Piano Cloud - Volume One
No one should be too surprised to see a collection of acoustic piano pieces being issued by 1631 Recordings. After all, one of the label's co-founders is David Wenngren (Kning Disk label overseer Mattias Nilsson the other), who's been making memorable music under the Library Tapes alias for more than a decade, much of it piano-based. Wenngren contributes a fine Library Tapes piece (“Running by the Roads, Running by the Fields”) to the compilation, as do an impressive number of kindred spirits, Nils Frahm, Peter Broderick, Hior Chronik, and Schole main man Akira Kosemura among them.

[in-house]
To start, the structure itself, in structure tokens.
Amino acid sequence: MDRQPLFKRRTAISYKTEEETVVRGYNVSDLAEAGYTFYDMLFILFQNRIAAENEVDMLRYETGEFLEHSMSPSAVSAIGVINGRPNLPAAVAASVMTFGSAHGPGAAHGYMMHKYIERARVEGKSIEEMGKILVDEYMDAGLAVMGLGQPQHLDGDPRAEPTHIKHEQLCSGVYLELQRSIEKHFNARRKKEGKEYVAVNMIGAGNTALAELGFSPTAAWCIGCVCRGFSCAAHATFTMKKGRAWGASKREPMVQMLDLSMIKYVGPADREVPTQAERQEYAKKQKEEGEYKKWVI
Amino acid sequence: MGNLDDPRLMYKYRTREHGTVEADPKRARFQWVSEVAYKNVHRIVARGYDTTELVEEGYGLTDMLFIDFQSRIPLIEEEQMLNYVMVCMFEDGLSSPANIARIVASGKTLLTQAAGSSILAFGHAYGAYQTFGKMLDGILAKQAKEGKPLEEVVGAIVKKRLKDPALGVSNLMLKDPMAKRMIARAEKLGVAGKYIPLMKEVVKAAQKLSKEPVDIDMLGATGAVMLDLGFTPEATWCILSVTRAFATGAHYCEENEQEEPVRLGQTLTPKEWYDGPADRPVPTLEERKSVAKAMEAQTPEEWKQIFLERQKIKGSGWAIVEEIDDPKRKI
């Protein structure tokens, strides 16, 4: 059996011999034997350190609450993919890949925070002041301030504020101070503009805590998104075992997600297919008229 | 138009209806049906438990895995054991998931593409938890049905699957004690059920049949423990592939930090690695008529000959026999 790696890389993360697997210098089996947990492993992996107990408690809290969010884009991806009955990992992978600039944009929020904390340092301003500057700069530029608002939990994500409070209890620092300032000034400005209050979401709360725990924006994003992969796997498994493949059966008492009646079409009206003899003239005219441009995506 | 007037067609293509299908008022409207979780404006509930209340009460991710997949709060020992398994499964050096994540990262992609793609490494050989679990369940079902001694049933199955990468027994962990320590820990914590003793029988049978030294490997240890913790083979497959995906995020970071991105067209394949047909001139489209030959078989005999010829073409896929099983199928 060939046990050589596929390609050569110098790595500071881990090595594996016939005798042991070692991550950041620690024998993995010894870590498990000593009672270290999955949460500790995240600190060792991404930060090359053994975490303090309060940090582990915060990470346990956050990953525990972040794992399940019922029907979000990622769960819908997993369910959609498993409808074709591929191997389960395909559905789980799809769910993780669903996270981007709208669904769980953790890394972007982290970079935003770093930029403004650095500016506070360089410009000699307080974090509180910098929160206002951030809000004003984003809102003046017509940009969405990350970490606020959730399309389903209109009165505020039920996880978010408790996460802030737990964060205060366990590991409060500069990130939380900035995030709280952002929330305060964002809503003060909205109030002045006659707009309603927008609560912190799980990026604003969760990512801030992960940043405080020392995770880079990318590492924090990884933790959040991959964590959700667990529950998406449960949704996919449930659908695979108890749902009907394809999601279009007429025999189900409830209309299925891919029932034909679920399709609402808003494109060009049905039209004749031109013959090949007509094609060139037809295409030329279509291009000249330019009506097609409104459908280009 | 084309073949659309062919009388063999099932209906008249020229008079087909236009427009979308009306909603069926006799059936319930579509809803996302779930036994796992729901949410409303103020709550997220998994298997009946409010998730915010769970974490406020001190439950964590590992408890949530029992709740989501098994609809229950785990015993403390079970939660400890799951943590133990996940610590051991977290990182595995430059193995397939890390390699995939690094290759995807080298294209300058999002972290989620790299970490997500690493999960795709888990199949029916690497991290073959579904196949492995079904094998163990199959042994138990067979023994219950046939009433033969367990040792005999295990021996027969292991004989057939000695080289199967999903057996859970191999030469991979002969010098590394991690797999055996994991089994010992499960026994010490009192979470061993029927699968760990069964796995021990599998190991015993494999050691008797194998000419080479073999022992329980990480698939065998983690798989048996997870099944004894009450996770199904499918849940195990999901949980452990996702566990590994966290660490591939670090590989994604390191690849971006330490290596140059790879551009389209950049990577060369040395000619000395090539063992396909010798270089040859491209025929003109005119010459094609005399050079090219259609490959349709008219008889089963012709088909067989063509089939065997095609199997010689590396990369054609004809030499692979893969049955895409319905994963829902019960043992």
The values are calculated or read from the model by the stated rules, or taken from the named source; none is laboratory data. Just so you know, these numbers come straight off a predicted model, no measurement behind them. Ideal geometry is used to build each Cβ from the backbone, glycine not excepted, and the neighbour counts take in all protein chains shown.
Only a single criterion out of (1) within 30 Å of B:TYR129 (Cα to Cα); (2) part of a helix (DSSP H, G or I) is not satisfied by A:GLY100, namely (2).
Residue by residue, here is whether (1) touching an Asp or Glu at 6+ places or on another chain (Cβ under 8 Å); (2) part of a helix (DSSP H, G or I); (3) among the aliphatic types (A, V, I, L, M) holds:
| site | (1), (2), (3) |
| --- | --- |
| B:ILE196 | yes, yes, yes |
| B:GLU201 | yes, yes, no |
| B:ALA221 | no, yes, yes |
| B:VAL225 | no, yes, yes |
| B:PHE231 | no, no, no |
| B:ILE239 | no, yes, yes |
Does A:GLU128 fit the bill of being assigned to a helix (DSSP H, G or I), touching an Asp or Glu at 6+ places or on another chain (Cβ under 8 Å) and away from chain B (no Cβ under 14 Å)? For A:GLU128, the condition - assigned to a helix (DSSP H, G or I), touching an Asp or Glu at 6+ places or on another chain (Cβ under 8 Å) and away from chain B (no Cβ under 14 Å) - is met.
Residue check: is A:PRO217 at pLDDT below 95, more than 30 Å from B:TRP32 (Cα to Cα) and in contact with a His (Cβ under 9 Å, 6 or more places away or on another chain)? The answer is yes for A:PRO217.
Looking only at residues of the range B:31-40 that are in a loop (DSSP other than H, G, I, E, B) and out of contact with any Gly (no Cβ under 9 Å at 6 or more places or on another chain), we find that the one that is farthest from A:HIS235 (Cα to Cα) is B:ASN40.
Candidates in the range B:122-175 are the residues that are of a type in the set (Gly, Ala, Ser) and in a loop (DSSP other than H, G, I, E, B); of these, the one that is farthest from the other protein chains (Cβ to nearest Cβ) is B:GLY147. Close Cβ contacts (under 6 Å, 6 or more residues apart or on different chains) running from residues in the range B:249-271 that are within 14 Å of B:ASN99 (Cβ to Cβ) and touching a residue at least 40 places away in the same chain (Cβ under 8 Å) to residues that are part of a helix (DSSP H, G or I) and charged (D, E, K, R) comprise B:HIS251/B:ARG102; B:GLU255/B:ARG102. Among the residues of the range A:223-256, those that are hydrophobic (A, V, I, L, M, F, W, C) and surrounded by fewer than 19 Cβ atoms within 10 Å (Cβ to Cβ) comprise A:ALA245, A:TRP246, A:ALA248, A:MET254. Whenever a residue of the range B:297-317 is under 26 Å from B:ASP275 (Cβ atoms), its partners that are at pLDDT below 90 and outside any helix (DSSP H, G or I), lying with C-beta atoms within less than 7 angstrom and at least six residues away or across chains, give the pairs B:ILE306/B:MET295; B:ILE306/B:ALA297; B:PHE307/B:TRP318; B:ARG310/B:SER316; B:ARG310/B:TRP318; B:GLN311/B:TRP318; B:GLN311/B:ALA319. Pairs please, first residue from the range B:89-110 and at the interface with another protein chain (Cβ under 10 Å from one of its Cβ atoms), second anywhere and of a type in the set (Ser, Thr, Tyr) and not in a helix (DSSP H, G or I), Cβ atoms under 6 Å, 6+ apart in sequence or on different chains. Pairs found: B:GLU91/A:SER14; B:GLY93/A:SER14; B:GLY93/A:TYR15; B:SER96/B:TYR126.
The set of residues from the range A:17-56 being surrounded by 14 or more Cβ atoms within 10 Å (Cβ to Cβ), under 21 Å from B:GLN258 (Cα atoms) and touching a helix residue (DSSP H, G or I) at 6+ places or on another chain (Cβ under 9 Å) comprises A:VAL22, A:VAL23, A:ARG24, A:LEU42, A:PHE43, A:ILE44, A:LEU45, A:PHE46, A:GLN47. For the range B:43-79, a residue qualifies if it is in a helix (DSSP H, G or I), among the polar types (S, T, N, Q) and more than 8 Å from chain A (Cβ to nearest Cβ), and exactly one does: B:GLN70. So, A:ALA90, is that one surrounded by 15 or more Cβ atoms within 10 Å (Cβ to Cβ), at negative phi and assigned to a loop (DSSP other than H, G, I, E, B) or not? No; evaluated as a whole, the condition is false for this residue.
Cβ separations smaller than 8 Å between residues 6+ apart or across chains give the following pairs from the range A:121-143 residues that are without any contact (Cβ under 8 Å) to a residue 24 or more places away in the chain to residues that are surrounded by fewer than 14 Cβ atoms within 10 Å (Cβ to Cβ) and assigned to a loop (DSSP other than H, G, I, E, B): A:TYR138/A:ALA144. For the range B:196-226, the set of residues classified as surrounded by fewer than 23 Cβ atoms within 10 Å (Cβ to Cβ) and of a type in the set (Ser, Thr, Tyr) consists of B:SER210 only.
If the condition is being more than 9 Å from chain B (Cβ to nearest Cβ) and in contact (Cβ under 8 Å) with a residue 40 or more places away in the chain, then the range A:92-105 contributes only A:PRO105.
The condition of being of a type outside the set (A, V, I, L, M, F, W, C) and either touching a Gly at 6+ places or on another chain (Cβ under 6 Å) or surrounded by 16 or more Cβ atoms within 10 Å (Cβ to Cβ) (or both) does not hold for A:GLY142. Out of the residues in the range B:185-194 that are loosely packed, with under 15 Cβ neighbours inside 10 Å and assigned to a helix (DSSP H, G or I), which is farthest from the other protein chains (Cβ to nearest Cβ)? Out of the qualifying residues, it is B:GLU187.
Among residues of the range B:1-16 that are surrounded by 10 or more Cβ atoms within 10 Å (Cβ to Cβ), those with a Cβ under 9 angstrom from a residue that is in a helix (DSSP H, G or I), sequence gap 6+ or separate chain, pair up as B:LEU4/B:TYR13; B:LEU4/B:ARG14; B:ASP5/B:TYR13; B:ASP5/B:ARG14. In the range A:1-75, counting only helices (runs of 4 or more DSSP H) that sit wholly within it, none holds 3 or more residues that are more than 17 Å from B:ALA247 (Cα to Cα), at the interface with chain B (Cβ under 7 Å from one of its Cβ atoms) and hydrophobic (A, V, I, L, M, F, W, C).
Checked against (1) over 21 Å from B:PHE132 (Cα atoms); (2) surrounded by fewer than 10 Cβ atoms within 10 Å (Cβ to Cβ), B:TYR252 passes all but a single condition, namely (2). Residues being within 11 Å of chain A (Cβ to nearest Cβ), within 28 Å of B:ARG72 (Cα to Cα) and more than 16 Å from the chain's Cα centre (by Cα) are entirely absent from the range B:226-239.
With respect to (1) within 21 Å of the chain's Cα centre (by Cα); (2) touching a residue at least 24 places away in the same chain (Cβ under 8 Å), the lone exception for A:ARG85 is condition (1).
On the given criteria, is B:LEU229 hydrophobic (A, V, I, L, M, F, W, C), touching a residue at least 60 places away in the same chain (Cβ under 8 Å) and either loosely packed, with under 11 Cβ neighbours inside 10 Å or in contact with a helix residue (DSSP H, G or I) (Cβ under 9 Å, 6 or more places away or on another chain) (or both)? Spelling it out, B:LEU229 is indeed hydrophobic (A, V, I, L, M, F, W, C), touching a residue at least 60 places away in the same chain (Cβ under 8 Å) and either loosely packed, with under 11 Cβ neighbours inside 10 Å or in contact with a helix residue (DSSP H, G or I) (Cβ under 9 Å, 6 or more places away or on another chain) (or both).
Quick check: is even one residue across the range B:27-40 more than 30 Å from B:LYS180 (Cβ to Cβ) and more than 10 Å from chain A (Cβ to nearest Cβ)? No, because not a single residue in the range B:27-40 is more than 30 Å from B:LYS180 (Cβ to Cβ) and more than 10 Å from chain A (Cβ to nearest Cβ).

Endless Melancholy is also one of the contributors, but the moniker could just as easily be used as a title for the compilation as a whole. Nostalgic, wistful moods predominate, and consequently Piano Cloud - Volume One achieves a remarkable degree of cohesiveness, even though many artists take part. Strengthening that impression of unanimity is the minimal approach shared by the contributors: the style of piano playing is generally of the stripped-down variety, and it's rare for the listener to be drowned by a sea of notes. It's telling that when a piece does distance itself from the others, it does so less for reasons of musical style than ambient design, as happens when atmospheric noises find their way into Lucy Claire's “Kaiwata tsuki - The Barren Moon.” That being said, Joep Beving does separate his piece from the others by investing his ruminative “A Hunger for the New” with a bluesy feel.Though Frahm opens the set with a characteristically lovely setting of delicate, dream-like splendour, it's nice to see him bringing some welcome levity to the project by titling his piece “Nils has a New Piano.” Delicacy characterizes other cases, too, among them Oskar Schuster's softly sparkling “Singur,” Gabriela Parra's “Olopte's Lullaby,” Kosemura's “Farewell,” and Stray Ghost's “Two Steps Too Often Aside (Early Variation I).” In addition, Broderick, Anna Rose Carter, and Heinali contribute resplendently chiming settings, “Eyes Closed and Traveling,” “Unstitch,” and “Soft like Snow,” respectively. Though there's a generous amount of music included—twenty pieces in total—most are in the three-minute range, resulting in a comprehensive hour-long recording that isn't so long the digital release wears out its welcome.